I must confess that I have a personal interest in this issue. I, like many in this room I suspect, have Irish roots. Irish roots I am immensely proud of. My mother emigrated to Britain from the West of Ireland – County Mayo in fact. I and my children also proudly hold Irish citizenship.

 

And this is why I think the issues surrounding the rights of Irish citizens in a post-Brexit UK is so critical. There are not many of us who do not have some connection to Ireland or to Irish people; either through relations or even just friends. There are not many of us who have not had their lives touched, for the better, by the Irish.

Throughout history, the Irish community have been a fundamental part of British society and continue to shape Britain for the better.

 

Take the city of Liverpool where, for nearly two decades, I was a Member of Parliament. It is often described as “the other capital of Ireland” – with three quarters of its population having some Irish antecedents.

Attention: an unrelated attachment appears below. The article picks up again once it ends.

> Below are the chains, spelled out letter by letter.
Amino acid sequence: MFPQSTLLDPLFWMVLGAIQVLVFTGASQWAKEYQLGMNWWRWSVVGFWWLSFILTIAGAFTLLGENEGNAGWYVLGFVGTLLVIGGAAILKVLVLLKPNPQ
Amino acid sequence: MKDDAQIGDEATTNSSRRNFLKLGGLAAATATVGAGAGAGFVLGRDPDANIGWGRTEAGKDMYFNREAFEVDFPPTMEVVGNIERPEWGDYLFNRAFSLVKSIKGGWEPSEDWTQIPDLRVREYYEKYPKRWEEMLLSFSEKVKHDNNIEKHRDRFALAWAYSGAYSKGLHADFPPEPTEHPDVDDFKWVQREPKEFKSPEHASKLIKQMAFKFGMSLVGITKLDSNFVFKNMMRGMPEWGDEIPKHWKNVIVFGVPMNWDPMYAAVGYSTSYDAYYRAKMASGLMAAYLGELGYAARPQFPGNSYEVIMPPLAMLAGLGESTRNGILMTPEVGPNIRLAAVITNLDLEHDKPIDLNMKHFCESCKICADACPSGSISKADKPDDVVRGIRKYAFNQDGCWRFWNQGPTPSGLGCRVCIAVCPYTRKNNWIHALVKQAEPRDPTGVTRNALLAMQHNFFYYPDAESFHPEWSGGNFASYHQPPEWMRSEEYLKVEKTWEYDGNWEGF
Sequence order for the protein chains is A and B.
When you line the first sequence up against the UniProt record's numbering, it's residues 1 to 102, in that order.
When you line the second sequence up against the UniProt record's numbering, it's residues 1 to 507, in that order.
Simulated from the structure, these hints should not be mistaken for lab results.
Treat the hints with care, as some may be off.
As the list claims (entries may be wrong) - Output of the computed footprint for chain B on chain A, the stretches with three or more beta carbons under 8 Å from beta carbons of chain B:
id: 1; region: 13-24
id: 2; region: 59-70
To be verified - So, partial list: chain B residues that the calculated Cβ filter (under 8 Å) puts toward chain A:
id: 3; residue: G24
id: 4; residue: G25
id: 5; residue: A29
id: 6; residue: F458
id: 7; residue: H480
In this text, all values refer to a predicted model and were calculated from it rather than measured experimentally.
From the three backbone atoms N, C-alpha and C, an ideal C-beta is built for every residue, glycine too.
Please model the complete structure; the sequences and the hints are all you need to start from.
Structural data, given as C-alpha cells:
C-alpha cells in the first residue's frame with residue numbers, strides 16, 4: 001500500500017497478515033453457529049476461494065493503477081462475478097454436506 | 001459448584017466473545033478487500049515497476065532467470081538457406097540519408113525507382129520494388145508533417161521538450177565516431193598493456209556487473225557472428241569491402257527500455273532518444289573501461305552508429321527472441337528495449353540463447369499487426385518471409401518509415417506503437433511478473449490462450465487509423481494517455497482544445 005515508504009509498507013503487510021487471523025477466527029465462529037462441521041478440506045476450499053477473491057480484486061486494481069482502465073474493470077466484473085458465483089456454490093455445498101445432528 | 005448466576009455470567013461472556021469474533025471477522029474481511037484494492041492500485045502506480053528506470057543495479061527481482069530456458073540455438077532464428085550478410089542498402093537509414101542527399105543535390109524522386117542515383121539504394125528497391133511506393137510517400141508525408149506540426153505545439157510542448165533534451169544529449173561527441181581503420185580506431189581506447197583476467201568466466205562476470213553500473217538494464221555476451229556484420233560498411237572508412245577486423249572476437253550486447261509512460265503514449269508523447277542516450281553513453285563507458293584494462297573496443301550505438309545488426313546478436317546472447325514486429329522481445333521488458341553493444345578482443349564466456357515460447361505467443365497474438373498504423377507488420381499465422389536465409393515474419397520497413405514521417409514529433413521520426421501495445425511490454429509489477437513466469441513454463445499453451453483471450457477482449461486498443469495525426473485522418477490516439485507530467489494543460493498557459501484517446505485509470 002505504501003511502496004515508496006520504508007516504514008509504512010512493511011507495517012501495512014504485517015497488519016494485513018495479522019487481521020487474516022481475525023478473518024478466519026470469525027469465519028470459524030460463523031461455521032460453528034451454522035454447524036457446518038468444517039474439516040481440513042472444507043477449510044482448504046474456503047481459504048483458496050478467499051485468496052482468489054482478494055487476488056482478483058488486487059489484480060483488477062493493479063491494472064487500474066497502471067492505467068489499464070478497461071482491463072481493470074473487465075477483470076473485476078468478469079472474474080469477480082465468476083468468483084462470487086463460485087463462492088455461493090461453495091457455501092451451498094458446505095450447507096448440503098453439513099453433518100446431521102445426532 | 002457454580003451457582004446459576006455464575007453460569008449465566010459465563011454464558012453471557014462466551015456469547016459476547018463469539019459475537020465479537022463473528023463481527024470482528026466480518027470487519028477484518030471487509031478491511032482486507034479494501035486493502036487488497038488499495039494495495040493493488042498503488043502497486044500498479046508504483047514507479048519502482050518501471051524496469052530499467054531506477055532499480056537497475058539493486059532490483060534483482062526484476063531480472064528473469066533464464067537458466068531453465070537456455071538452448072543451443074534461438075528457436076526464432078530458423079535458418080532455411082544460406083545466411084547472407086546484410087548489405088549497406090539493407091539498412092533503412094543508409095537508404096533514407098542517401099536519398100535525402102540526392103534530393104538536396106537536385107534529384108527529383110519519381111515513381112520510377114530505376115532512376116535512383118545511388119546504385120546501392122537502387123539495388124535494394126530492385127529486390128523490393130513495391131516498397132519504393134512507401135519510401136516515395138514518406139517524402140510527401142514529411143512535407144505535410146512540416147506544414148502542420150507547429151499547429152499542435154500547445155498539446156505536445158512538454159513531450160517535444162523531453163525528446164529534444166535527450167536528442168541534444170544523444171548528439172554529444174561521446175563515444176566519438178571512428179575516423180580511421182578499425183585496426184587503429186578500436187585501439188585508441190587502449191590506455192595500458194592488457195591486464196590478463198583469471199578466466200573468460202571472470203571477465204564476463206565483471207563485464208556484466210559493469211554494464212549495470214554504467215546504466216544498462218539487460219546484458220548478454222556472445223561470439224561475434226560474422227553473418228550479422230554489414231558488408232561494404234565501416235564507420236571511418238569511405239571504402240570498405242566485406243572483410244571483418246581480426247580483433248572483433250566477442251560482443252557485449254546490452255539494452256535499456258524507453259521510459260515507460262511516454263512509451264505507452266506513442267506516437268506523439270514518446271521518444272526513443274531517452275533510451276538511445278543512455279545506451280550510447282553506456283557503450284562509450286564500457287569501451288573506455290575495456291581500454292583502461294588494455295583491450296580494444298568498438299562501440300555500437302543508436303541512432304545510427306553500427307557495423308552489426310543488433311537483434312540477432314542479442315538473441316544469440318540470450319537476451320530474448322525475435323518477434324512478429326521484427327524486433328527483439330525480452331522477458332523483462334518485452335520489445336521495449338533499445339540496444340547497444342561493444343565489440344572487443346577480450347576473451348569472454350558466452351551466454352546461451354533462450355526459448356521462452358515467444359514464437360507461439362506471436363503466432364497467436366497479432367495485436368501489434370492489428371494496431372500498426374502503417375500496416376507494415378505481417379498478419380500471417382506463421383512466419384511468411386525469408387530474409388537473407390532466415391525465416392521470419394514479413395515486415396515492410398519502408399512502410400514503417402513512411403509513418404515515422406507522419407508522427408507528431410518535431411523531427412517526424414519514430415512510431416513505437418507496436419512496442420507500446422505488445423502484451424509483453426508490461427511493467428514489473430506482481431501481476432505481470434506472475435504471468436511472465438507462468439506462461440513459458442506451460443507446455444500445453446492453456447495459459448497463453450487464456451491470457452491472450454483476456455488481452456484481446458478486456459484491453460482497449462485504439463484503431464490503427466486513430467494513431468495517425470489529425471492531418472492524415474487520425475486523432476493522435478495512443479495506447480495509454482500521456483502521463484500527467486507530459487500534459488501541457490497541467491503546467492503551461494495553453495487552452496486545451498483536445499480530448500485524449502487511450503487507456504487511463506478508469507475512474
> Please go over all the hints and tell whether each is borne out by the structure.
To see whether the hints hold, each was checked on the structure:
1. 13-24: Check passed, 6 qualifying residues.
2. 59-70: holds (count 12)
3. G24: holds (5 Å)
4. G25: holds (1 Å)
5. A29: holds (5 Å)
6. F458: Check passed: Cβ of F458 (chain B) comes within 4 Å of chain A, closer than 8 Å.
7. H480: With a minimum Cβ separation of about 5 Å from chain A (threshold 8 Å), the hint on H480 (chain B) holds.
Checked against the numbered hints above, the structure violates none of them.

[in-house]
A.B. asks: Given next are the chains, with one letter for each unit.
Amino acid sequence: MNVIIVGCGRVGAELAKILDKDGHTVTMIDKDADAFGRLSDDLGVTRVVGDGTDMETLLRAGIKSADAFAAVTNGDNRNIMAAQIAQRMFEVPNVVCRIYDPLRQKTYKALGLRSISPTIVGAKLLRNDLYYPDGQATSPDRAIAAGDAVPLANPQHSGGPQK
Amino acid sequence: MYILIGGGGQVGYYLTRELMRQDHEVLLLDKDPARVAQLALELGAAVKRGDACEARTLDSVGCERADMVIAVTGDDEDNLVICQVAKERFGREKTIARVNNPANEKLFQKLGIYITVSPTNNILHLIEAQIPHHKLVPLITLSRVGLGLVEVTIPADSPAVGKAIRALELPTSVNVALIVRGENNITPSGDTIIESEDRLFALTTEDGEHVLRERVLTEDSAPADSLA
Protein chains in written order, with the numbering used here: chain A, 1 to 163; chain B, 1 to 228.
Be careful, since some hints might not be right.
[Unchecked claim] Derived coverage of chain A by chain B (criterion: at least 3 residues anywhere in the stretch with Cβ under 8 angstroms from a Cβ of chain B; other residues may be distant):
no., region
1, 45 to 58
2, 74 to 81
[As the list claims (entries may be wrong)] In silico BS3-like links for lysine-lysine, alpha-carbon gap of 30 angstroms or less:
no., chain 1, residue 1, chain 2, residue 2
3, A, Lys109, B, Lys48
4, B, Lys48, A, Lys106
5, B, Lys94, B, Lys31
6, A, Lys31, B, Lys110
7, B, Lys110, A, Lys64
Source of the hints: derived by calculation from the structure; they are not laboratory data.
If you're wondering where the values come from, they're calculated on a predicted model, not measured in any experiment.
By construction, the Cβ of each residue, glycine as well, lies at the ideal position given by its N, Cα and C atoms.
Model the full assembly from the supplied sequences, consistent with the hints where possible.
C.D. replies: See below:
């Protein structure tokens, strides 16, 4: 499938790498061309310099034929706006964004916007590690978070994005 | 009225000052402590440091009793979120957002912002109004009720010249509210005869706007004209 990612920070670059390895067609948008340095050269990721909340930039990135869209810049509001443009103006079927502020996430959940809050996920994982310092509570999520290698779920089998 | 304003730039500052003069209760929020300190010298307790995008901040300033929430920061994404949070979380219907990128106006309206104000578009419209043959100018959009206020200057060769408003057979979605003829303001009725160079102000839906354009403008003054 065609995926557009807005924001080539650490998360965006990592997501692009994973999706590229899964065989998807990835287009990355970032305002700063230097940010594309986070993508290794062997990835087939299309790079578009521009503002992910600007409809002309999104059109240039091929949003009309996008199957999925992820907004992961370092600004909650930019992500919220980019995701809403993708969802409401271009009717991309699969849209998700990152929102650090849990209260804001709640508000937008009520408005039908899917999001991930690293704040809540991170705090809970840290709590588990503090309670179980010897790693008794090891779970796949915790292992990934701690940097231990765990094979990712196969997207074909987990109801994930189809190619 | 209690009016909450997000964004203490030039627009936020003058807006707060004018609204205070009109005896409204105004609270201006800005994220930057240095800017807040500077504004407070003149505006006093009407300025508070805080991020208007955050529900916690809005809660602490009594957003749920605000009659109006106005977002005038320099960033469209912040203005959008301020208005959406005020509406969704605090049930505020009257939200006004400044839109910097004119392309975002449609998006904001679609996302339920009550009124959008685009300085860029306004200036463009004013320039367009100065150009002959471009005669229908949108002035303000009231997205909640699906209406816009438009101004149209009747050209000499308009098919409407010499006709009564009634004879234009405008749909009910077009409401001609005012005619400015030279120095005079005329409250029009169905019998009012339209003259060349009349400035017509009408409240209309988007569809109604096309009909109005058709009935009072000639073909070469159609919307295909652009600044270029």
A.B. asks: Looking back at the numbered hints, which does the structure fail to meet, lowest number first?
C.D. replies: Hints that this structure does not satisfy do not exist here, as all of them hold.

That community has roots in the Irish Rebellion of 1798 and in the great hunger produced by the Irish Famine of the 1840s. Liverpool elected the only Irish Nationalist MP to sit for an English constituency.

 

Many of its most notable citizens – from the social reformer, Kitty Wilkinson, to the sculptor, Arthur Dooley, from founders of institutions like Dr. John Bligh, to Sir John Brown, and Cork’s Richard Sadleir, Liverpool’s first mayor, countless contributions have been made to the civic life of the city from people in whose veins Irish blood has flowed.

 

Irish people are rooted in so many of our communities, in our churches and in our work places – they have built lives and families here and should continue to be free to do so.

 

The contribution of the Irish is something of which we should be immensely proud and we must ensure their status here is unaffected by Brexit.

Unfortunately, as the paper being launched today clearly demonstrates, the rights of Irish citizens – future generations and those already living here – are at risk and need to be secured with urgency.

 

There are, of course, some parts of the Irish community who will be at greatest risk if these protections are not put in place.